Cate Russell-Cole’s advice about Facebook fan pages

There’s been a discussion on Facebook in the last couple of days about the benefits or lack of benefits of getting more likes on our fan pages. Also, people are asking if they should pay Facebook for fan page advertising. I’ve found little benefit in the number of likes my page has and I found absolutely no benefit in paying Facebook to advertise my page. I am a proponent of doing the hard social networking work myself to get my book and me known.

Cate Russell-Cole who was my guest on Choices this week just shared her thoughts on this subject. Cate is always finding ways to help her author colleagues out. Here are her wise words on the subject of fan pages.

 

Help to Solve Your Facebook Fan Page Problems

Posted on February 14, 2014 by Cate Russell-Cole

fb-timeline-unhide-notice

I used to advertise on Facebook: until they bought in timeline. Then the value I gained from my community building attempts died a cruel death. Everyone with a Page is now in the same boat: unless we throw in more and more and more money, which most of us simply can’t do, we have lost a huge chunk of our hard work. I have seen posts go from 800 views to 50 and I am angry. Many people have abandoned their Pages and I don’t blame them.

There are ways we can partially combat this. For a start, posting the image above to make others aware of what they can do, does help. Every time I post this image, it is seen more than other posts. Other ideas I have found online include:

  • Posting status updates which don’t have links in them. They seem to score well with Facebook’s new algorithm as engagement is the key, not just look at my blog or please buy my book.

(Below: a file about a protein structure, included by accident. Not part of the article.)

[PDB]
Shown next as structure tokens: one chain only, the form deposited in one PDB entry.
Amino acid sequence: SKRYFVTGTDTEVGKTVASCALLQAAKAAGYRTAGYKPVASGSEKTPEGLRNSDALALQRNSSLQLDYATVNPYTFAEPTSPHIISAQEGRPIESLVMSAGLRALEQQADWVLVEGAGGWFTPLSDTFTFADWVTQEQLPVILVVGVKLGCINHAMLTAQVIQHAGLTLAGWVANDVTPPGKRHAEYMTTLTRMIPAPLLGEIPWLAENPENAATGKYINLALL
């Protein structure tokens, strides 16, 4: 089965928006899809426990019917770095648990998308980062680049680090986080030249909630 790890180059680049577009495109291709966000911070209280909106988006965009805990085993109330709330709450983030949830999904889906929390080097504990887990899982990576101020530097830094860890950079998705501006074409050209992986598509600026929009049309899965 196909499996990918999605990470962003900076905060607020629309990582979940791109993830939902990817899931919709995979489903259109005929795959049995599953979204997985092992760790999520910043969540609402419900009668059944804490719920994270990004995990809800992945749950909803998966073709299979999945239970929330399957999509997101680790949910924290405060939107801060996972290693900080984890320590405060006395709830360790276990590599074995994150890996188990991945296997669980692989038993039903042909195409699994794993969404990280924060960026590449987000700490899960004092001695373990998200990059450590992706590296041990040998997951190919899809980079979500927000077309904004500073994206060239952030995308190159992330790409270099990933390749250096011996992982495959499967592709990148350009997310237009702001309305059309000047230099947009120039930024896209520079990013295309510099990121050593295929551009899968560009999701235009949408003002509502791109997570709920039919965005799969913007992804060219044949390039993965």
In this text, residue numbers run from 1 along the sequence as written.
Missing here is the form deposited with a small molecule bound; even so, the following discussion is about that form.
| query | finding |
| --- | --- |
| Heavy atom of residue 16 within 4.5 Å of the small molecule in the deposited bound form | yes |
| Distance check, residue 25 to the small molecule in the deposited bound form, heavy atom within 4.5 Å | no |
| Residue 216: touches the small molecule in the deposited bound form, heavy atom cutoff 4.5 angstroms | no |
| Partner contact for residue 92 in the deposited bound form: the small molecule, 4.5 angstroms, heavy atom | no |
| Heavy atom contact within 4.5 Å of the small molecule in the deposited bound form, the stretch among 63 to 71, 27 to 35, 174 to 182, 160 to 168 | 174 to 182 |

• Posting images which catch attention. They appear to frequently be shared. Some writers will put in an image that goes with their blog post, but place the link in the comments to work the system.
  • Telling your followers frequently to change that box that says Highlights to Posts by Page so they see all your posts. (See image below.) The problem is, that never stays changed!

Memoir project

  • Refusing to pay Facebook for ads and promotion when even those who do pay don’t get a fair deal! If you used to pay or do, speak up and tell Facebook you are unhappy and why.
  • Encourage readers to use their own categories and not overfill them with Pages, so posts are more likely to be seen. Then check the categories rather than their timeline for new posts. There is no guarantee this will work, but it may help. I am always losing pages I like, so it can’t hurt to try.
  • Showing followers/fans how to get page notifications (and take that survey!)

Red Brick

I know it sounds like a lot of work and many repetitive posts, however, if you still want to use Facebook as a promotional tool, the investment may be worth it. Feel free to use any of the screenshots on this post. (Right click on image and Save As.)

If you know of other ways, please tell me in the comments! I’d ˜like’ to know (pun intended!)

Most importantly¦

valen

¦please pay it forward this Valentine’s day by clicking Like and commenting on the pages you’re a fan of. The more support you give, the more you will receive. Spread the love!

This blog post by Cate Russell-Cole is licensed under a Creative Commons Attribution-NonCommercial-ShareAlike 3.0 Unported License. You are free to share and adapt it.

Comments

  1. Madeline, thank you very much for sharing this post. Facebook appears to be going the way of MySpace, solely out of greed. Whilst advertising did increase my page likes, it did nothing for book sales or community discussion. Now everyone is saying Google Plus is the way to go. Frankly, I find it just as spammy and difficult to work with. Twitter seems to bring best results for me, as long as I use an automated service to account for the time difference between Australia and the U.S.

    The very best of luck with your marketing.

  2. Madeline Sharples says:

    My pleasure, Cate. Your good advice is always welcome here.

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